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This morning I did something which I rarely do; I read my own woodworking blog. I’m not sure exactly why, but I decided to check out some past posts. I guess I was looking to see if I had changed any regarding my woodworking philosophy, and the answer to that would be both yes and no. I might add that I actually really enjoyed most of what I read. I’m not sure if it’s proper to say that but I said it anyway.
One of the things I had noticed in the photographs of myself was that if I was standing at my workbench I was sort of craned over the bench looking a lot like the guy on the cover of Led Zepplin !V. I probably don’t have great posture, but I also don’t slouch anything like the guy in my woodworking “action” photos. The clincher came when I was looking at woodworking photos on Instagram and noticed the same thing among most of the woodworkers I saw. It led to the question: Are woodworking benches too low?
My bench is a shade under 34 inches high. When I’m not craning over my bench I am just over 5ft 11 inches tall, which I would consider average height. The conventional wisdom of the day when I built my bench was the lower the better. So I made my bench 33 inches tall, which fell into the height to bench height ratio that was recommended by the “experts”. Later, when I modified the bench top, it left me with my current workbench height. The new height is slightly more comfortable in my opinion, but here is what I noticed: the muscles in the middle of my back are often sore after I am at my workbench for a few hours. Here is something else I noticed: When I am at the work table I made for my job, which stands at just over 36 inches high, my back feels much better.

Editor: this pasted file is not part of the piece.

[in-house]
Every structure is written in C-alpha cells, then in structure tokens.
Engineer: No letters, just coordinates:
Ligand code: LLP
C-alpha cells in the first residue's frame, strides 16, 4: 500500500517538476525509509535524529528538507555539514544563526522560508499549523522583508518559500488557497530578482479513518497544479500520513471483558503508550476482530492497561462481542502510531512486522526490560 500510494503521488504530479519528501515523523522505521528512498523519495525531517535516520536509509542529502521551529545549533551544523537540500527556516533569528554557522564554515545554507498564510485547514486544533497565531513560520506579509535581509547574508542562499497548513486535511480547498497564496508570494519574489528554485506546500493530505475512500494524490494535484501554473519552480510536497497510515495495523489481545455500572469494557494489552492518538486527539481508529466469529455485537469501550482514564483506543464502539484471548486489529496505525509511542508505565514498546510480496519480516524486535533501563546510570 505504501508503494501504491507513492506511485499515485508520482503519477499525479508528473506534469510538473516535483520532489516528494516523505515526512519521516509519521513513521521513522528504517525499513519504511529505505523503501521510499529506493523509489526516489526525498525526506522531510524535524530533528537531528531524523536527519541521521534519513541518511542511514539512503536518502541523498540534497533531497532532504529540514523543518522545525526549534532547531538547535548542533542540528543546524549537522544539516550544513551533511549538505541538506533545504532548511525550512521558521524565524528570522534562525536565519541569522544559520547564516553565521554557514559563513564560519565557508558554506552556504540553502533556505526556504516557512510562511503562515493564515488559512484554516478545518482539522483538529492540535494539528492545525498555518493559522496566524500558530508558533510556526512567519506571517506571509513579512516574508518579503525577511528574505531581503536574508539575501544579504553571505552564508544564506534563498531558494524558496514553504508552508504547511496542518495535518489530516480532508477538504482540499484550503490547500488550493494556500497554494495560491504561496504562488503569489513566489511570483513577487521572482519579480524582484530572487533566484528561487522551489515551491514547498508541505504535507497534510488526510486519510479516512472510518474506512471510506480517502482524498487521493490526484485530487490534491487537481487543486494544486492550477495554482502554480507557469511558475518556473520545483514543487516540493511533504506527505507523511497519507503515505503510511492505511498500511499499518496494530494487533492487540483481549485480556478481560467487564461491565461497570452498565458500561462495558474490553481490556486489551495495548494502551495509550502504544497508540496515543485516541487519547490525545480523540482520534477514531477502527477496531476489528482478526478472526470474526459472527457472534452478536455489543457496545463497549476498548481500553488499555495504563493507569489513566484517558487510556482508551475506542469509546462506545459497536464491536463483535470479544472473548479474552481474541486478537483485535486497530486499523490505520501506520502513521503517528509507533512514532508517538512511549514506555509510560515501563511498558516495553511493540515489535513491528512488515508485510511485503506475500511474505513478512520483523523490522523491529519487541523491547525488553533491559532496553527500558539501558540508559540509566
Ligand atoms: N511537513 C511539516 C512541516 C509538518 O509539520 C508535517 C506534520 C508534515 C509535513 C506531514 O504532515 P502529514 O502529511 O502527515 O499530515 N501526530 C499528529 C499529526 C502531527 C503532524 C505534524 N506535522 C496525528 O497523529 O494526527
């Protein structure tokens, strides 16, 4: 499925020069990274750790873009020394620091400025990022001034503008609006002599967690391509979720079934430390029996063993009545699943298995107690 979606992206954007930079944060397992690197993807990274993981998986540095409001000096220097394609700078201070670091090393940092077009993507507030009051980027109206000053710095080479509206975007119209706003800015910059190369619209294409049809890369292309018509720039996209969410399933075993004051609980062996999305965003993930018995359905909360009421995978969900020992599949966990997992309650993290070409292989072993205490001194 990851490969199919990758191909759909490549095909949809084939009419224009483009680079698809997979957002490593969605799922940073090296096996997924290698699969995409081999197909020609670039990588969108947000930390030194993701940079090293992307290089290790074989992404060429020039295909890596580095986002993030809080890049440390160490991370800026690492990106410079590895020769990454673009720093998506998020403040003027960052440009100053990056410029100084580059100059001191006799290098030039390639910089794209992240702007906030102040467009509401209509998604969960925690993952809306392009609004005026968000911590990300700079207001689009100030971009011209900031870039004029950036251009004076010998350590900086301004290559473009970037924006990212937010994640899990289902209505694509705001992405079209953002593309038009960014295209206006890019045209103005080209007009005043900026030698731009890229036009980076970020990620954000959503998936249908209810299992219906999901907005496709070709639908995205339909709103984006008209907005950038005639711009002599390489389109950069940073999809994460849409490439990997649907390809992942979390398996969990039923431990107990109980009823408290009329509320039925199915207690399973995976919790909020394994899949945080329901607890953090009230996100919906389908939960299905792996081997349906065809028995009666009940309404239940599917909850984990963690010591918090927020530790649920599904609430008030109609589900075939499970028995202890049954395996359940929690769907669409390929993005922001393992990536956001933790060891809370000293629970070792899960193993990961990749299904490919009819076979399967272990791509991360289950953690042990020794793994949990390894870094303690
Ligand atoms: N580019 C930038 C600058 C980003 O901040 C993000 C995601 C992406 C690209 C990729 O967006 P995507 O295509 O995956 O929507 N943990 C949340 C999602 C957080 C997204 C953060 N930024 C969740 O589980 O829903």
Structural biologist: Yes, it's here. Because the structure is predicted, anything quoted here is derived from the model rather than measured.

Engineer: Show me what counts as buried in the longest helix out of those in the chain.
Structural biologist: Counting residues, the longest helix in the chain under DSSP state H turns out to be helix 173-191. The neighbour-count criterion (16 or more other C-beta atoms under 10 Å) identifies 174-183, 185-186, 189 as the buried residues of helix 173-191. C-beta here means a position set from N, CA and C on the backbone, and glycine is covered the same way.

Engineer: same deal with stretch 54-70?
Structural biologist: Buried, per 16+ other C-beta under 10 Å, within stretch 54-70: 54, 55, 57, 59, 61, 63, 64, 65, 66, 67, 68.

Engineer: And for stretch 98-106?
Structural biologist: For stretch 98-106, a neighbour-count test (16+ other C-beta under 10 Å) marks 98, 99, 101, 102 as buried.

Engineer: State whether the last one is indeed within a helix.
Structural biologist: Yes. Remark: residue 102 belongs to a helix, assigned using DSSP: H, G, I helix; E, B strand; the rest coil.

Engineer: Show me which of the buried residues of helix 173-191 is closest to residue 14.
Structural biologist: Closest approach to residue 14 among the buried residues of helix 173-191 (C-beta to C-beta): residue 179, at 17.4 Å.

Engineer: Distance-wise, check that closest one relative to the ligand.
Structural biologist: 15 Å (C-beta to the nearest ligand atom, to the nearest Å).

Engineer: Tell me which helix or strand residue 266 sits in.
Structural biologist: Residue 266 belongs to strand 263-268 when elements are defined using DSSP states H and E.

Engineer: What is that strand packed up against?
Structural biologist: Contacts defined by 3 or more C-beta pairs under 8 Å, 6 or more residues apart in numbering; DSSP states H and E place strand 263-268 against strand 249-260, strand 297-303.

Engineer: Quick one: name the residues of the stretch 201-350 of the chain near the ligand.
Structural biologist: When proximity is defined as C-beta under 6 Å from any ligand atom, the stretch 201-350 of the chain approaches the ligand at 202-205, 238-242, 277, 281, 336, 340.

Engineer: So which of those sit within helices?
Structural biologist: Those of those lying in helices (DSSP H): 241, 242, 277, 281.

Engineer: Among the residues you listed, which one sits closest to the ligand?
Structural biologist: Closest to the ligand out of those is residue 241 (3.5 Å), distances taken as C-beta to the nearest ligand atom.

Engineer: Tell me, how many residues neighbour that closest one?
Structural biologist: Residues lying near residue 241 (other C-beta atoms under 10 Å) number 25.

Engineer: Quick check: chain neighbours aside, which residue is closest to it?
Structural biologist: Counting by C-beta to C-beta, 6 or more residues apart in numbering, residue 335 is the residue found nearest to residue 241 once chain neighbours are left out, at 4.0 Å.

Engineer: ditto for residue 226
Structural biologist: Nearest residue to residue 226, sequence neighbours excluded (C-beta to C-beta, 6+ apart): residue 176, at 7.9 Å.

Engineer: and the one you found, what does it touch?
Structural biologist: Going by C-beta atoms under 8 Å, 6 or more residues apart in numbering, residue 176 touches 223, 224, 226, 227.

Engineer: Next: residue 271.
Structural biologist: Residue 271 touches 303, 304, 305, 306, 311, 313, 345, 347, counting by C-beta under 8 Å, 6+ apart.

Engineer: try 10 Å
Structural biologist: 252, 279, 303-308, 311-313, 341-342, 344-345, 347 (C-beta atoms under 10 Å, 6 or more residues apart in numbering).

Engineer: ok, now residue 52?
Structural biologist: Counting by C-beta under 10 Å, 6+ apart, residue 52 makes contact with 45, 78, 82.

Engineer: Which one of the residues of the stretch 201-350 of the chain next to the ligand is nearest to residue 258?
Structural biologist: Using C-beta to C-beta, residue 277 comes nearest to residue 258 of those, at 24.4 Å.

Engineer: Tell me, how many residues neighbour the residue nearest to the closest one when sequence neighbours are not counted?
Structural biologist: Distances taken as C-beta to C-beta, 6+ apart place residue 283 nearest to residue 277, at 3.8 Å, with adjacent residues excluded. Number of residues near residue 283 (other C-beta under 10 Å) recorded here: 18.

So I’ve come to the conclusion that the conventional wisdom of 5 years ago sucked. It made the mistake of copying a workbench that was made for the style of an 18th century woodworker who was also likely shorter in height than the average man today. A low workbench may be optimal if you use it to dimension thick boards by hand all day long using a large, wooden bodied plane, but it does not work for sawing, chiseling, carving, shaping, or just about any other hand tool task I can think of. I can only speak for myself, but I rarely dimension boards by hand, and I never do it with a large, wooden bodied plane, and even if I did it wouldn’t be an 8 hour long task. The other hand tool tasks I mentioned happen nearly every time I woodwork.
While I am not going to make any attempt at modifying my bench, if I were to make a new one I would probably make it at least an inch taller. Just around 35 inches tall seems like the perfect height for a guy my size. That added height would make sawing and chisel work easier, and shouldn’t really effect any hand plane work, in particular edge jointing. If you don’t believe me maybe you should check out Paul Sellers theory on workbench height. He is 5ft 10 inches and uses a bench 38 inches tall and that doesn’t seem to bother him in the least. I’ll take his word for it. What I won’t do is let somebody else do the thinking for me ever again. That never works out well.